UK’s Steel Industry Opposes Plans to Remove Tariff Protections
The UK steel industry has hit government plans to eliminate tariffs on imports of various products, describing them as hammer blows that risk long-term
The UK steel industry has hit government plans to eliminate tariffs on imports of various products, describing them as hammer blows that risk long-term damage to the sector. According to UK Steel, UK’s Department for International Trade’s removal of numerous products from import safeguards, designed to protect UK’s domestic producers from floods of cheap imports, needs urgent rethinking. UK Steel’s Director Mr Gareth Staith warned that the removal of protection would have a negative impact on steelmakers in Wales and northeastern England.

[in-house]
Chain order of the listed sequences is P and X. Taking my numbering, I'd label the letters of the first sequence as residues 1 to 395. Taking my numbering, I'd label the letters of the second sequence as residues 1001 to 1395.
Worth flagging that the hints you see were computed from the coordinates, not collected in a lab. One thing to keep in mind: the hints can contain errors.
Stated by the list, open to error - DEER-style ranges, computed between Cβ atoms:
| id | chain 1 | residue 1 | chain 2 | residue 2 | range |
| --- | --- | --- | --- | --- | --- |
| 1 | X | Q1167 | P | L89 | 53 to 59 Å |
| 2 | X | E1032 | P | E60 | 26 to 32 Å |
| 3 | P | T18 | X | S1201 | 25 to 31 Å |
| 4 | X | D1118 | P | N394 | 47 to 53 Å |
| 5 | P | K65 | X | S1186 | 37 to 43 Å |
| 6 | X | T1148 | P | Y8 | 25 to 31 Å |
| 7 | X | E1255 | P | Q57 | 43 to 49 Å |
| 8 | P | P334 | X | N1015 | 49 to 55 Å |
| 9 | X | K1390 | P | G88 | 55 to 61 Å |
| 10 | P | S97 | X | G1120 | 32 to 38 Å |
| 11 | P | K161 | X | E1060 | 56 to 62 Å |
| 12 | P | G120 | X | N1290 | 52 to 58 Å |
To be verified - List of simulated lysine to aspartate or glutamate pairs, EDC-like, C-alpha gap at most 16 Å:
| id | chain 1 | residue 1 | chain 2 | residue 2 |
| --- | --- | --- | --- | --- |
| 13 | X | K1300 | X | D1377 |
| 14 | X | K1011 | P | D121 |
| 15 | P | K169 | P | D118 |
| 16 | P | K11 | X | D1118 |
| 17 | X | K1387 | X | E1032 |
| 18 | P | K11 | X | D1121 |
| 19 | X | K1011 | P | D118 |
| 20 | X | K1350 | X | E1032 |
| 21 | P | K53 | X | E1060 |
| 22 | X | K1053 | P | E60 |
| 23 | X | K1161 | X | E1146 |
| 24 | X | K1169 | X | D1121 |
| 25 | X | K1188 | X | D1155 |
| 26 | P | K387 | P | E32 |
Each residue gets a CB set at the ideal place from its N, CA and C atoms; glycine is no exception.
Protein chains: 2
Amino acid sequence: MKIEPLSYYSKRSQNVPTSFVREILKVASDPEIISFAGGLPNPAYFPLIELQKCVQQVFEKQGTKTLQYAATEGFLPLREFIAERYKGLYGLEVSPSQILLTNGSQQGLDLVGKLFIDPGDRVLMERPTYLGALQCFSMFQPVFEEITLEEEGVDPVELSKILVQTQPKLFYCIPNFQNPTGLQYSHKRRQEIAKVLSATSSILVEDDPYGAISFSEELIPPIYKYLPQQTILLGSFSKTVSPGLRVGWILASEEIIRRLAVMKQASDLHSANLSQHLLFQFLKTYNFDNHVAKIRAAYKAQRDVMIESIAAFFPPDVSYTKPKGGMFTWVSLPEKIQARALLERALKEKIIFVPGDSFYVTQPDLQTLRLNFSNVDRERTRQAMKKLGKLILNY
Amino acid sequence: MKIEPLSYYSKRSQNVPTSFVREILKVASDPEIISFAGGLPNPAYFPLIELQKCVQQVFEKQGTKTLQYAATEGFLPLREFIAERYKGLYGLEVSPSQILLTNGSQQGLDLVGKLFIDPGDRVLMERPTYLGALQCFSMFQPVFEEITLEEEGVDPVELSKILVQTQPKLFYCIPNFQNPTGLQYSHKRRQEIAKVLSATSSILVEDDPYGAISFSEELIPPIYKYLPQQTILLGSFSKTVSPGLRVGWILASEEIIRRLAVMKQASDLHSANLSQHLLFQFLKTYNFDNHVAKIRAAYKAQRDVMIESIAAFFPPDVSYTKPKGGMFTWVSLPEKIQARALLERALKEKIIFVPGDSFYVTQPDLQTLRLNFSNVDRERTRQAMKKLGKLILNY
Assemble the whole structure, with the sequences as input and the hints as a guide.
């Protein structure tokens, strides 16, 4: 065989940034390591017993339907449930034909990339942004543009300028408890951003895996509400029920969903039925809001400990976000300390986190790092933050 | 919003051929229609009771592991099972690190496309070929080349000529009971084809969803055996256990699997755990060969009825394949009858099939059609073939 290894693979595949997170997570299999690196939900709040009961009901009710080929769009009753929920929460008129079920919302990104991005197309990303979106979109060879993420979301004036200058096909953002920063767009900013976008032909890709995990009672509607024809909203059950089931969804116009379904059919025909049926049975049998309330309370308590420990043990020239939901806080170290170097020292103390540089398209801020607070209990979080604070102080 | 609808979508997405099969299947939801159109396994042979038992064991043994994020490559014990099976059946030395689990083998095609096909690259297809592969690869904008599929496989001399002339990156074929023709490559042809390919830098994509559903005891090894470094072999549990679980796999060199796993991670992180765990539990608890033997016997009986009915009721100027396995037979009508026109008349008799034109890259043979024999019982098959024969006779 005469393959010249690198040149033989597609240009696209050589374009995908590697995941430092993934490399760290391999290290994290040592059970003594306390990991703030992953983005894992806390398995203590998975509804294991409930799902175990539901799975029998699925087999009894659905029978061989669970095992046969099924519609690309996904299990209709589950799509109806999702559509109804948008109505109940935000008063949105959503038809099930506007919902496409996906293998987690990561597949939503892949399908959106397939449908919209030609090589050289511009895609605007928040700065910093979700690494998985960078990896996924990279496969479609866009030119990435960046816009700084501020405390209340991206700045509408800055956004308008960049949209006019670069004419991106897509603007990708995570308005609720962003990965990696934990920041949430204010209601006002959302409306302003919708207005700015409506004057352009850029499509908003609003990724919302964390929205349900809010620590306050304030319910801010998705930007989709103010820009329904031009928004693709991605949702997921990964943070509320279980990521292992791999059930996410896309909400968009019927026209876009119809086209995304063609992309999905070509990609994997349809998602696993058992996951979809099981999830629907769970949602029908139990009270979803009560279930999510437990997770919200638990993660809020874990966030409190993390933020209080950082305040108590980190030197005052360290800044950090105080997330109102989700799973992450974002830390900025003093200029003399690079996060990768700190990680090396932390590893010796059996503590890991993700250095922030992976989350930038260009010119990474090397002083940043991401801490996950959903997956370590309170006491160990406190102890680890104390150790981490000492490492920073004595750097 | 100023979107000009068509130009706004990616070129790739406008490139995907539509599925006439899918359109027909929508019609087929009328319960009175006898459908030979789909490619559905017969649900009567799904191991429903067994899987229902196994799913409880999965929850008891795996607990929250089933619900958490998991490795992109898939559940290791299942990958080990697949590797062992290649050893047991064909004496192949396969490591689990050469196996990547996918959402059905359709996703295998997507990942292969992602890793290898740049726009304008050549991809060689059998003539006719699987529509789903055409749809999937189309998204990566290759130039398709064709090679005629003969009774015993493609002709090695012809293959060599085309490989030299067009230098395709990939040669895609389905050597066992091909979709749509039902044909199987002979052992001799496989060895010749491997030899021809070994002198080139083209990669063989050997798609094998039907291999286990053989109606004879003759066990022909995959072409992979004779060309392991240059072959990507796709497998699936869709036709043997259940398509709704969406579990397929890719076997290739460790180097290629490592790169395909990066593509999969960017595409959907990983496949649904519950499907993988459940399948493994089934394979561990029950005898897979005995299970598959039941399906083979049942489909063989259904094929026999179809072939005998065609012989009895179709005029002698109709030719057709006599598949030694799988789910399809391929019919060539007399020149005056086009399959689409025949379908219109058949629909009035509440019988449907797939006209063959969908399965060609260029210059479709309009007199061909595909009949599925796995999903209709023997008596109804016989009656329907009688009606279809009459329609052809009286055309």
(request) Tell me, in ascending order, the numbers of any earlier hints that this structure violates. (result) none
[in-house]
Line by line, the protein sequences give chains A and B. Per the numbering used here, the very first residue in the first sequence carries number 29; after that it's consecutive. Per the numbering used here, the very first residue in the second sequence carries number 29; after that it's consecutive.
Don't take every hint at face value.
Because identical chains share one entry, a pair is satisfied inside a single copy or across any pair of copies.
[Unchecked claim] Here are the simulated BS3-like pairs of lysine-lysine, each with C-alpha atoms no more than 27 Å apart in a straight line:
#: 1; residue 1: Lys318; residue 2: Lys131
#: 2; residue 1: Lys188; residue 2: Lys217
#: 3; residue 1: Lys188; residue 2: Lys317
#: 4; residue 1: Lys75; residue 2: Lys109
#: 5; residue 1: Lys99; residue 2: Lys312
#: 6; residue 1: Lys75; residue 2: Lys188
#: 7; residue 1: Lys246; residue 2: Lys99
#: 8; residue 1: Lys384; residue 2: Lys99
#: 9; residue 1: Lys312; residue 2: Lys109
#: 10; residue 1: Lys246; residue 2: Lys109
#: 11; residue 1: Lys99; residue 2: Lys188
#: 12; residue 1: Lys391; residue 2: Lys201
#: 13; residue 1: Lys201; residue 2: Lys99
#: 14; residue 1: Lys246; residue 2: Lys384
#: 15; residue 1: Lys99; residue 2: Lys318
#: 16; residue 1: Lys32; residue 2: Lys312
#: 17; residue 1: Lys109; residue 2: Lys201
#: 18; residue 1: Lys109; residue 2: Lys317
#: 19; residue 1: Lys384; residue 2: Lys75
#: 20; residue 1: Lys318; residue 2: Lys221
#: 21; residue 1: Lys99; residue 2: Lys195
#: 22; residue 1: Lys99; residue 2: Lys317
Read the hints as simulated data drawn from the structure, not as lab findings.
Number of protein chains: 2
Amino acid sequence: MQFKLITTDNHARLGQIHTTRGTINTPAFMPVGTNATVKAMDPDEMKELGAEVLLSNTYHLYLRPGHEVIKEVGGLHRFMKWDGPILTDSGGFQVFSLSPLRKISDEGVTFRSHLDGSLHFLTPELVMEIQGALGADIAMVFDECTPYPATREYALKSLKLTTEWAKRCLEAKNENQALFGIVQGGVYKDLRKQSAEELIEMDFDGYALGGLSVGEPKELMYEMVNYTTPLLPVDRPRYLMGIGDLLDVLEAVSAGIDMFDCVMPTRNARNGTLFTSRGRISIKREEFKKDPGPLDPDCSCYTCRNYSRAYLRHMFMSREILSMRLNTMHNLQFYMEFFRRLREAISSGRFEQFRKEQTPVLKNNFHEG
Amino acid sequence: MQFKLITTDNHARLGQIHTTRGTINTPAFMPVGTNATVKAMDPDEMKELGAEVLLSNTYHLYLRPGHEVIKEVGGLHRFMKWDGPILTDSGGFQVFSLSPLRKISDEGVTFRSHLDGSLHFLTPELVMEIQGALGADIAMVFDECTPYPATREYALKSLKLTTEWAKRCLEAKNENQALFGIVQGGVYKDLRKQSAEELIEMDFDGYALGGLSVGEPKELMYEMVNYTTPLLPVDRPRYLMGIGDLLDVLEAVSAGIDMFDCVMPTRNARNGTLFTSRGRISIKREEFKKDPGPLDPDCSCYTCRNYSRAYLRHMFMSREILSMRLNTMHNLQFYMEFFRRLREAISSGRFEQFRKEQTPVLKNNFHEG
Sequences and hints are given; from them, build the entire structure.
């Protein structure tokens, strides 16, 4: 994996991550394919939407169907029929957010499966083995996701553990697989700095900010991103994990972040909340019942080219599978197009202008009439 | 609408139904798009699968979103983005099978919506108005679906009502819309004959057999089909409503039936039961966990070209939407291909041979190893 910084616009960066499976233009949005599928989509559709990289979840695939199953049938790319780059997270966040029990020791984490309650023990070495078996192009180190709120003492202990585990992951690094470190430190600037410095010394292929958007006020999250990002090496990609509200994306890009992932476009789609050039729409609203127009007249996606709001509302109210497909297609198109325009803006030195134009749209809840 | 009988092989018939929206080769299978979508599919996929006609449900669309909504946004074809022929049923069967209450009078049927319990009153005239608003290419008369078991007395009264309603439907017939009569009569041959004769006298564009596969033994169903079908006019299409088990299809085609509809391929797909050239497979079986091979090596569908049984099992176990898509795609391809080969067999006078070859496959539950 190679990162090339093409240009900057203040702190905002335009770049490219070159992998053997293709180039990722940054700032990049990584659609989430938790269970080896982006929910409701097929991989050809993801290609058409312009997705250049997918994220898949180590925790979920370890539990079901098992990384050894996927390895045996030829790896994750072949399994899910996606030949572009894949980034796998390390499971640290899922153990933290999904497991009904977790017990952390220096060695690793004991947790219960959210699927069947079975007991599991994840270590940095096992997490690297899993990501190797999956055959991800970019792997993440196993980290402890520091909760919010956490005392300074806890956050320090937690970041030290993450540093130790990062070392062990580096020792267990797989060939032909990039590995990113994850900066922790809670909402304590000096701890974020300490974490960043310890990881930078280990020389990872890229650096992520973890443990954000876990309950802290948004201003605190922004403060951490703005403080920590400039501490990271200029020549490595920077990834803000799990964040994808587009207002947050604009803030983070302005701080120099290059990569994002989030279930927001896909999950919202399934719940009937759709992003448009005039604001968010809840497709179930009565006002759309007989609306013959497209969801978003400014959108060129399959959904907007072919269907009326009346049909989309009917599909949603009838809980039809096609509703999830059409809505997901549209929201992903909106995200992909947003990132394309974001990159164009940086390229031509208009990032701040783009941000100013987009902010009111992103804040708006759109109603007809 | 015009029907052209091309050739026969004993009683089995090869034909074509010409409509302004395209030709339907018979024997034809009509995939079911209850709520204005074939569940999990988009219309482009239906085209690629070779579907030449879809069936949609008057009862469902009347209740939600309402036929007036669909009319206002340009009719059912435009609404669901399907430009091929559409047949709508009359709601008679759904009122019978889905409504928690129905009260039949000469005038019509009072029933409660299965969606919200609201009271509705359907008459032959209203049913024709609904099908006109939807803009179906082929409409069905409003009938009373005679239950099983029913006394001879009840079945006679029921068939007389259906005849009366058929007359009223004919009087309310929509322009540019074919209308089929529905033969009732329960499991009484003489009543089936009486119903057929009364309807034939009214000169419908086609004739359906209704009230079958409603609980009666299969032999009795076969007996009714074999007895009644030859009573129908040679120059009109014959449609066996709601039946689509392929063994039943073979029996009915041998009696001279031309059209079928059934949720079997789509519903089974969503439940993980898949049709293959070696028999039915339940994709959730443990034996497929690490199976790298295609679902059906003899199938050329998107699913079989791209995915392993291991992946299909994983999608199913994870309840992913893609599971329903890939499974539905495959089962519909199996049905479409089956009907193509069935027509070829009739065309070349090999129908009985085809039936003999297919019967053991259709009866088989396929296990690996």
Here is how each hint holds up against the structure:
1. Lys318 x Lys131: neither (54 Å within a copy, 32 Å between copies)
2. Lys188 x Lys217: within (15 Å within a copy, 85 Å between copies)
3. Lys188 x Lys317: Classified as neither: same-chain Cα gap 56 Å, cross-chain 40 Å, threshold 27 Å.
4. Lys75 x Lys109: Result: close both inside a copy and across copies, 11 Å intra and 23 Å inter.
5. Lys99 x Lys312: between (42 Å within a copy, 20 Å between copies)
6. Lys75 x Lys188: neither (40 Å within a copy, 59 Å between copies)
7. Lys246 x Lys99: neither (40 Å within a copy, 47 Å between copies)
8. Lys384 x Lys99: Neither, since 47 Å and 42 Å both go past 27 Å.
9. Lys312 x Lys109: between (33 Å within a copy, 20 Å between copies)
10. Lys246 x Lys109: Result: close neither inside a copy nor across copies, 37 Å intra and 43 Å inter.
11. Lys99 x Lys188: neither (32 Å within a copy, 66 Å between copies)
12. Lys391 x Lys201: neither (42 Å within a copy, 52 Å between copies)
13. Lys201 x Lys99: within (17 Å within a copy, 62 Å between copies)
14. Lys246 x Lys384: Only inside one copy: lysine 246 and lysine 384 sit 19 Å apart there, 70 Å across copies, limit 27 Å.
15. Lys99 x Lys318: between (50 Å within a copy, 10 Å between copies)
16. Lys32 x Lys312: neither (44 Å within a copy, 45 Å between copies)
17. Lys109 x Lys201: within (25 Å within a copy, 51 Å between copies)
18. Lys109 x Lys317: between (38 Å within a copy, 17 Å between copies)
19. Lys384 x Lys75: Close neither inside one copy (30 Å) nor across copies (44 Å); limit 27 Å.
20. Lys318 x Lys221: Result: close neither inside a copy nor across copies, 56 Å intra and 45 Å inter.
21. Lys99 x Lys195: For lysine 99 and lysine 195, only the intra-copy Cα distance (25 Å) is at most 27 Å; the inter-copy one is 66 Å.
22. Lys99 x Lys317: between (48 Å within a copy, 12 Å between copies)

Steel Union Community head of operations Alas der McDiamide said “This is the first test of the government’s commitment to the steel industry after Brexit and has failed.”
Under the plan announced, DIT’s arm’s length agency, Trade Relief Research Agency, recommended extending measures for 10 categories of imports for three years starting next month. It also proposed cancelling nine categories of measures. Authorities found that there were no domestic production in these categories and said the increase in imports was not significant enough or was unlikely to damage domestic industry.
Safeguard sets tariff-free quotas on various steel products based on import levels from 2013 to 2017. If the quota threshold is exceeded, a three-month additional import duty will be levied. These have been in place since 2018, when the UK was still part of the EU and have been extended as part of the Brexit transition period that ended in December.